Quit it With All the Infographics Already [Infographic]
The latest edition of GOOD magazine, which has long had a thing for infographics anyway, is the Data Issue. While I feel GOOD shoulders the blame for popularizing infographics, they at least still do it well. The explosion of infographic use (and abuse) in the last few years could simply be an effect of data overload combined with too many people having Illustrator licenses. But it’s seriously getting out of hand.
Photo from Grist.org
What’s the big deal? Everybody’s doing it, right? If you put [Infographic] in a blog post title, people are going to click on it, because they straight up can’t get enough of that crap. Flowcharts for determining what recipe you should make for dinner tonight! Venn diagrams for nerdy jokes! Pie charts for statistics that don’t actually make any sense! I have just one question—are you trying to make Edward Tufte cry? ....continue reading on howinteractive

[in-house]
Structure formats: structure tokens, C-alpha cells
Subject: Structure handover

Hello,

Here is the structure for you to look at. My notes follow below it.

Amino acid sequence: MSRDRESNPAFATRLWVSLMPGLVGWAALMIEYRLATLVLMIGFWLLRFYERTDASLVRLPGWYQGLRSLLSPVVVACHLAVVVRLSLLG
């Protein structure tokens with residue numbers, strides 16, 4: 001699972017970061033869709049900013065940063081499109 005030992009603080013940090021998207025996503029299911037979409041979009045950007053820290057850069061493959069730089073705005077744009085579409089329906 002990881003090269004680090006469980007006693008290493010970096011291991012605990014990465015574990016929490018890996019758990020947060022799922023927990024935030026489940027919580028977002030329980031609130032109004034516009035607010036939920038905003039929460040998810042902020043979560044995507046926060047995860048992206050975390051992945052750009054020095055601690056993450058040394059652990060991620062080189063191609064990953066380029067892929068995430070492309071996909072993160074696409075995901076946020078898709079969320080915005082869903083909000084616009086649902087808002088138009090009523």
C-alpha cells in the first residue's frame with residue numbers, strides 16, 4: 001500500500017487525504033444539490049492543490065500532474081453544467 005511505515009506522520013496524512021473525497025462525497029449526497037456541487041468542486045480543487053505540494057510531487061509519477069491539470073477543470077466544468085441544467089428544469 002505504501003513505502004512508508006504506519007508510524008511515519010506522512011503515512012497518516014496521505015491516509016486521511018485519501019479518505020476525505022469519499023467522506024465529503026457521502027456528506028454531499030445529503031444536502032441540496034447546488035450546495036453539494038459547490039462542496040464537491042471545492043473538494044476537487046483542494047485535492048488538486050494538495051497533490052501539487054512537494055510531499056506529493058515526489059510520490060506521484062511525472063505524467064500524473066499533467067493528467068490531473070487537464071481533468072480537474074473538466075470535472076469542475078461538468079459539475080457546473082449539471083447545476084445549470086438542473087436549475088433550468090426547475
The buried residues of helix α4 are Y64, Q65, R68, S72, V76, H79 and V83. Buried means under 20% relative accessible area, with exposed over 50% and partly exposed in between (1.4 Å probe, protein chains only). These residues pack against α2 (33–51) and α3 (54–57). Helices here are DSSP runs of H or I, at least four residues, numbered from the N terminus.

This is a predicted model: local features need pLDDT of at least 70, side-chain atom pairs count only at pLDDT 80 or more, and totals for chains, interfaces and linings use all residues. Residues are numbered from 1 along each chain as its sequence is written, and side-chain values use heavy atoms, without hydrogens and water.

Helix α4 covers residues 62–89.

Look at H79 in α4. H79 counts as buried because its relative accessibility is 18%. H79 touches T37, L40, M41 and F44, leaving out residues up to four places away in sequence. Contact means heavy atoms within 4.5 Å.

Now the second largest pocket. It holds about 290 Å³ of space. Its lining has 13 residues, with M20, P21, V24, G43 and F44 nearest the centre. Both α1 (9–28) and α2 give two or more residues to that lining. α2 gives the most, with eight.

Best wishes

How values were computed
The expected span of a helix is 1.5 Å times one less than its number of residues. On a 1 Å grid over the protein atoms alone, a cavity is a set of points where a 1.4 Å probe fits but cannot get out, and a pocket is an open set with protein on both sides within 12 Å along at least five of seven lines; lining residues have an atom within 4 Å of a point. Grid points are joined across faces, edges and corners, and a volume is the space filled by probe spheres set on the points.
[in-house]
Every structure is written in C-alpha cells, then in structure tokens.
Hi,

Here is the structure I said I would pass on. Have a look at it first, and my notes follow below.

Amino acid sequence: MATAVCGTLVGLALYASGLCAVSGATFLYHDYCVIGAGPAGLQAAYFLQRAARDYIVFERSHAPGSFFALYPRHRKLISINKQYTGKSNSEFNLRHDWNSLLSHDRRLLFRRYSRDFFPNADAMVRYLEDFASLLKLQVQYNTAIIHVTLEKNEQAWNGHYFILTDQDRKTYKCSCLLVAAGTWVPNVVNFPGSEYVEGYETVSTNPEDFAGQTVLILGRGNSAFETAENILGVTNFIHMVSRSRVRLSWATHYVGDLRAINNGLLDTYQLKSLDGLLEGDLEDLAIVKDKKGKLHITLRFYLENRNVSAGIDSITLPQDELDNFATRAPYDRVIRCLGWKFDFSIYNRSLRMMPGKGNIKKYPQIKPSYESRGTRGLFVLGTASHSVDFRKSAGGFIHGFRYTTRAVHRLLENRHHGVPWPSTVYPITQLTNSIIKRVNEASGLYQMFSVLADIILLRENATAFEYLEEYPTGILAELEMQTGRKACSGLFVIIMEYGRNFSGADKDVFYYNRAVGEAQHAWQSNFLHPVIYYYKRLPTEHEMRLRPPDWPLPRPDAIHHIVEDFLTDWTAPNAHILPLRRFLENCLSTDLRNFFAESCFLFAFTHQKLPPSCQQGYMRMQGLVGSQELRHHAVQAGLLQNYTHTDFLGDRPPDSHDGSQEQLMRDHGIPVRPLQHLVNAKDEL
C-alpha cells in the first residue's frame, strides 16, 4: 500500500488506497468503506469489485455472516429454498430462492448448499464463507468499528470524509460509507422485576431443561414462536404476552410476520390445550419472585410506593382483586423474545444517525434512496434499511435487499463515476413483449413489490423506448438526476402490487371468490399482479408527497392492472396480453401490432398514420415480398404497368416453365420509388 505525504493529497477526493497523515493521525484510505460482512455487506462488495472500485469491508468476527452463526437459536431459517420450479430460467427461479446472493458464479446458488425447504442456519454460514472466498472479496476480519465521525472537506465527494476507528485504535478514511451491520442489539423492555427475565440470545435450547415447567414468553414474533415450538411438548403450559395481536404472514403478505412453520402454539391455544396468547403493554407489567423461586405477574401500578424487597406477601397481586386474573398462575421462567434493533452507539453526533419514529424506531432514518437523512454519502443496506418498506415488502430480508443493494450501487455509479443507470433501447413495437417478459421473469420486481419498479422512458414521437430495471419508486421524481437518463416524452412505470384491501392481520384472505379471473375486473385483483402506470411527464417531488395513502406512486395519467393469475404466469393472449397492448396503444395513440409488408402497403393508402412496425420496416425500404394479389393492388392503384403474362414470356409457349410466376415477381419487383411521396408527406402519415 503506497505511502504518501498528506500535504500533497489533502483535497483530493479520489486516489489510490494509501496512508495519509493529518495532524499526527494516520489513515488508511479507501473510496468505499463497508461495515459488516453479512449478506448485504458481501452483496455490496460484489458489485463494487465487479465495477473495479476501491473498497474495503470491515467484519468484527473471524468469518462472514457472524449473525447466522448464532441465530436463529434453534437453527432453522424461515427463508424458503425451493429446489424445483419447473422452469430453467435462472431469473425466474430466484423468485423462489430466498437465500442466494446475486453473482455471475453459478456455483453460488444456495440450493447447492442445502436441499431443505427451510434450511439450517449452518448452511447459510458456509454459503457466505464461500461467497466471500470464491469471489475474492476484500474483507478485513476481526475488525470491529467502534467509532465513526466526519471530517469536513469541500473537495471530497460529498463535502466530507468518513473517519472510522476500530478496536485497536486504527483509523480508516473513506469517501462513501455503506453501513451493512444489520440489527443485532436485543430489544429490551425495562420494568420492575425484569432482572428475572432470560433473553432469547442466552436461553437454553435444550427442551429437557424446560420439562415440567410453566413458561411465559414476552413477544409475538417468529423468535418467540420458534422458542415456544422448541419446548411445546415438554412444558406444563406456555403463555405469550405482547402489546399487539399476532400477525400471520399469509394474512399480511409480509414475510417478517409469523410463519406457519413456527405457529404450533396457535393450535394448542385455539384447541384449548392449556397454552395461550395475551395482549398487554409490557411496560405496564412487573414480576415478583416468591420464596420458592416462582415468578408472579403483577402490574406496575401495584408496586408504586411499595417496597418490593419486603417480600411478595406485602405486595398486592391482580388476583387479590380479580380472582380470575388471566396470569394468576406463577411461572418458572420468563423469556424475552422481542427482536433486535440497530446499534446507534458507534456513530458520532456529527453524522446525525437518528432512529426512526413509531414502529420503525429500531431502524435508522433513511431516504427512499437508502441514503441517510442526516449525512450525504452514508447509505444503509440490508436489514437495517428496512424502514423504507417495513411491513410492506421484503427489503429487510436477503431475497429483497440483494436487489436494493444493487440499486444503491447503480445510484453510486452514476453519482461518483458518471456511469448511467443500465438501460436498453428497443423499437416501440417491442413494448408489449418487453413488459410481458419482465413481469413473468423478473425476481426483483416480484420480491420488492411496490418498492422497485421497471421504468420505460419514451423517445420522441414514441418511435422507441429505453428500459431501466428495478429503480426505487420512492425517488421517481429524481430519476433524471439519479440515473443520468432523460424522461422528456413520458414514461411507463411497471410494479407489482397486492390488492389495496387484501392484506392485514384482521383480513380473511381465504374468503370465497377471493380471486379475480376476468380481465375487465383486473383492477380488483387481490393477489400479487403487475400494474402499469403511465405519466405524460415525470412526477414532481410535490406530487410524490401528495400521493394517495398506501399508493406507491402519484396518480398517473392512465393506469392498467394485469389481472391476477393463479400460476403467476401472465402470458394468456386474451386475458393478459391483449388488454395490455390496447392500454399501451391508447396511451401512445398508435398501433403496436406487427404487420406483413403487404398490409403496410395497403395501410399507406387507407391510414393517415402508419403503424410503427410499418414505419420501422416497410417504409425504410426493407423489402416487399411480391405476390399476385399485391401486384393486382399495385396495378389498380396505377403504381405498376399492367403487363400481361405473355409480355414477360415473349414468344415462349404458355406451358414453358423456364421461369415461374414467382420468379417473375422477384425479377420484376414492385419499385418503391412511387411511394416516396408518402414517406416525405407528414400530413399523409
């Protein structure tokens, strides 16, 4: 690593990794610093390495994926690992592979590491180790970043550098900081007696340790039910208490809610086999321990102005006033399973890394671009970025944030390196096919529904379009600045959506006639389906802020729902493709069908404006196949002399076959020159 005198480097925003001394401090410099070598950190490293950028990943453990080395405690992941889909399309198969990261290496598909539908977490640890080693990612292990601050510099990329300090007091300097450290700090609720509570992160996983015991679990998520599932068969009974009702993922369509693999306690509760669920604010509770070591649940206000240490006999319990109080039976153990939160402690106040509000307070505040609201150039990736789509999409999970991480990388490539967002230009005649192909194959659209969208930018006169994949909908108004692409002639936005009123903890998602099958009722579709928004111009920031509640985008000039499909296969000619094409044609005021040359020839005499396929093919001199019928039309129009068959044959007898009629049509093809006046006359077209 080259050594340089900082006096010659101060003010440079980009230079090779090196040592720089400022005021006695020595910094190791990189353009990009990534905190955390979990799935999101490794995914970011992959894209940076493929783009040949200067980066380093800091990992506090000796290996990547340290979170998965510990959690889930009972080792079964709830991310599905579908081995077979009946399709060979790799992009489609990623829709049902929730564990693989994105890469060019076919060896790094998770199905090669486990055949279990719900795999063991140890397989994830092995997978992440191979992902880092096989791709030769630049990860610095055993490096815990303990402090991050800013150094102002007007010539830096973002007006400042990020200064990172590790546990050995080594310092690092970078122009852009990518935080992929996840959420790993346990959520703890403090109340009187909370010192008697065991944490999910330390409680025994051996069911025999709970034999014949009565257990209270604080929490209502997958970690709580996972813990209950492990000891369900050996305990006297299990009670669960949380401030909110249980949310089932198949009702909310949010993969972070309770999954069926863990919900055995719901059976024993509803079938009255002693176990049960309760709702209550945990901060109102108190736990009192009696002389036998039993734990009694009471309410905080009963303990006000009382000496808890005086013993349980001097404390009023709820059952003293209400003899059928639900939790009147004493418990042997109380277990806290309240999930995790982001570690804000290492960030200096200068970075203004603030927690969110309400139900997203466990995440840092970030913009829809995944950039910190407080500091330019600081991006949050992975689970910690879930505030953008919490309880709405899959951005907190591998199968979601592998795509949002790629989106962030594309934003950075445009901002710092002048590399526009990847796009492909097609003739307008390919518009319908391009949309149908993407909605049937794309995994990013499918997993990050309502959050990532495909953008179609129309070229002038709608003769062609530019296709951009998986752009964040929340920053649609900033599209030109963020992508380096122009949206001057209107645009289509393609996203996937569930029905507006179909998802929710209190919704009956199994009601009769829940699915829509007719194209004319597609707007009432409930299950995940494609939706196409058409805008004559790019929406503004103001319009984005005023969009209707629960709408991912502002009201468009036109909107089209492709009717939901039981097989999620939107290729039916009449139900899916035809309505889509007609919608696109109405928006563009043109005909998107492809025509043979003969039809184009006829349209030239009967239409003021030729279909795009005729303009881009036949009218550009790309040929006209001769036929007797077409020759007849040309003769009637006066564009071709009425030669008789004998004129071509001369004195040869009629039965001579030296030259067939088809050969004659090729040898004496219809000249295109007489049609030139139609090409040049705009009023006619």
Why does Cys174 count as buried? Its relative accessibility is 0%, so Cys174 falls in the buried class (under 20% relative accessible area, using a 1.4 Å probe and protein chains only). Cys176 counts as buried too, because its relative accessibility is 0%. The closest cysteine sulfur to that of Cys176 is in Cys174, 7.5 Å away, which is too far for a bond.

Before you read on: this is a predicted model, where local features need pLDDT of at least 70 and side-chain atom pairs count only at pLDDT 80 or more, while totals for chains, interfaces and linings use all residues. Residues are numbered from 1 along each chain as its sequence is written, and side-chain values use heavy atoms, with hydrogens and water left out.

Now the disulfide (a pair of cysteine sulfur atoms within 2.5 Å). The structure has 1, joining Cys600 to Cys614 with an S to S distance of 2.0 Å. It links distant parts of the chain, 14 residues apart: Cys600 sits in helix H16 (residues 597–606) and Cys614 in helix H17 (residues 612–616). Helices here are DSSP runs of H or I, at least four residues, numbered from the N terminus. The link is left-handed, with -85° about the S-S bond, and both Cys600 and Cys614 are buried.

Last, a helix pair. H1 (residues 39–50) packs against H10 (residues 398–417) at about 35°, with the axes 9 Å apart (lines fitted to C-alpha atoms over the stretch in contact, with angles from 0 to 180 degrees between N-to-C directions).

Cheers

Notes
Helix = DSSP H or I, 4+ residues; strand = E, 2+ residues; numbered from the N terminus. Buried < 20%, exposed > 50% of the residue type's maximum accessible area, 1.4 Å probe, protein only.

What Google’s Material Design Is Really About
With the November release of Android Lollipop, Google’s Material Design language has begun making its first appearances in the wild. Designers and technologists everywhere are aflutter with praise for the new design language, which aspires to unite Google’s expansive product line under a rich set of design styles and principles.
Google’s Android 5/Lollipop. Alex Washburn / WIRED
The visual details are delightful, and the paradigmatic underpinnings — that interfaces are three-dimensional constructions, composed of layers of “physical” components — are refreshingly novel. But I’ll spare you more “oohs” and “aahs” over the language’s use of bright colors, large images, and depth. If we take anything from Material Design it isn’t how to use color, how your ease timing should be set, or what the resting elevation of an object should be. It’s not the details themselves we take away, it’s how the details combine to create purposeful brand experience.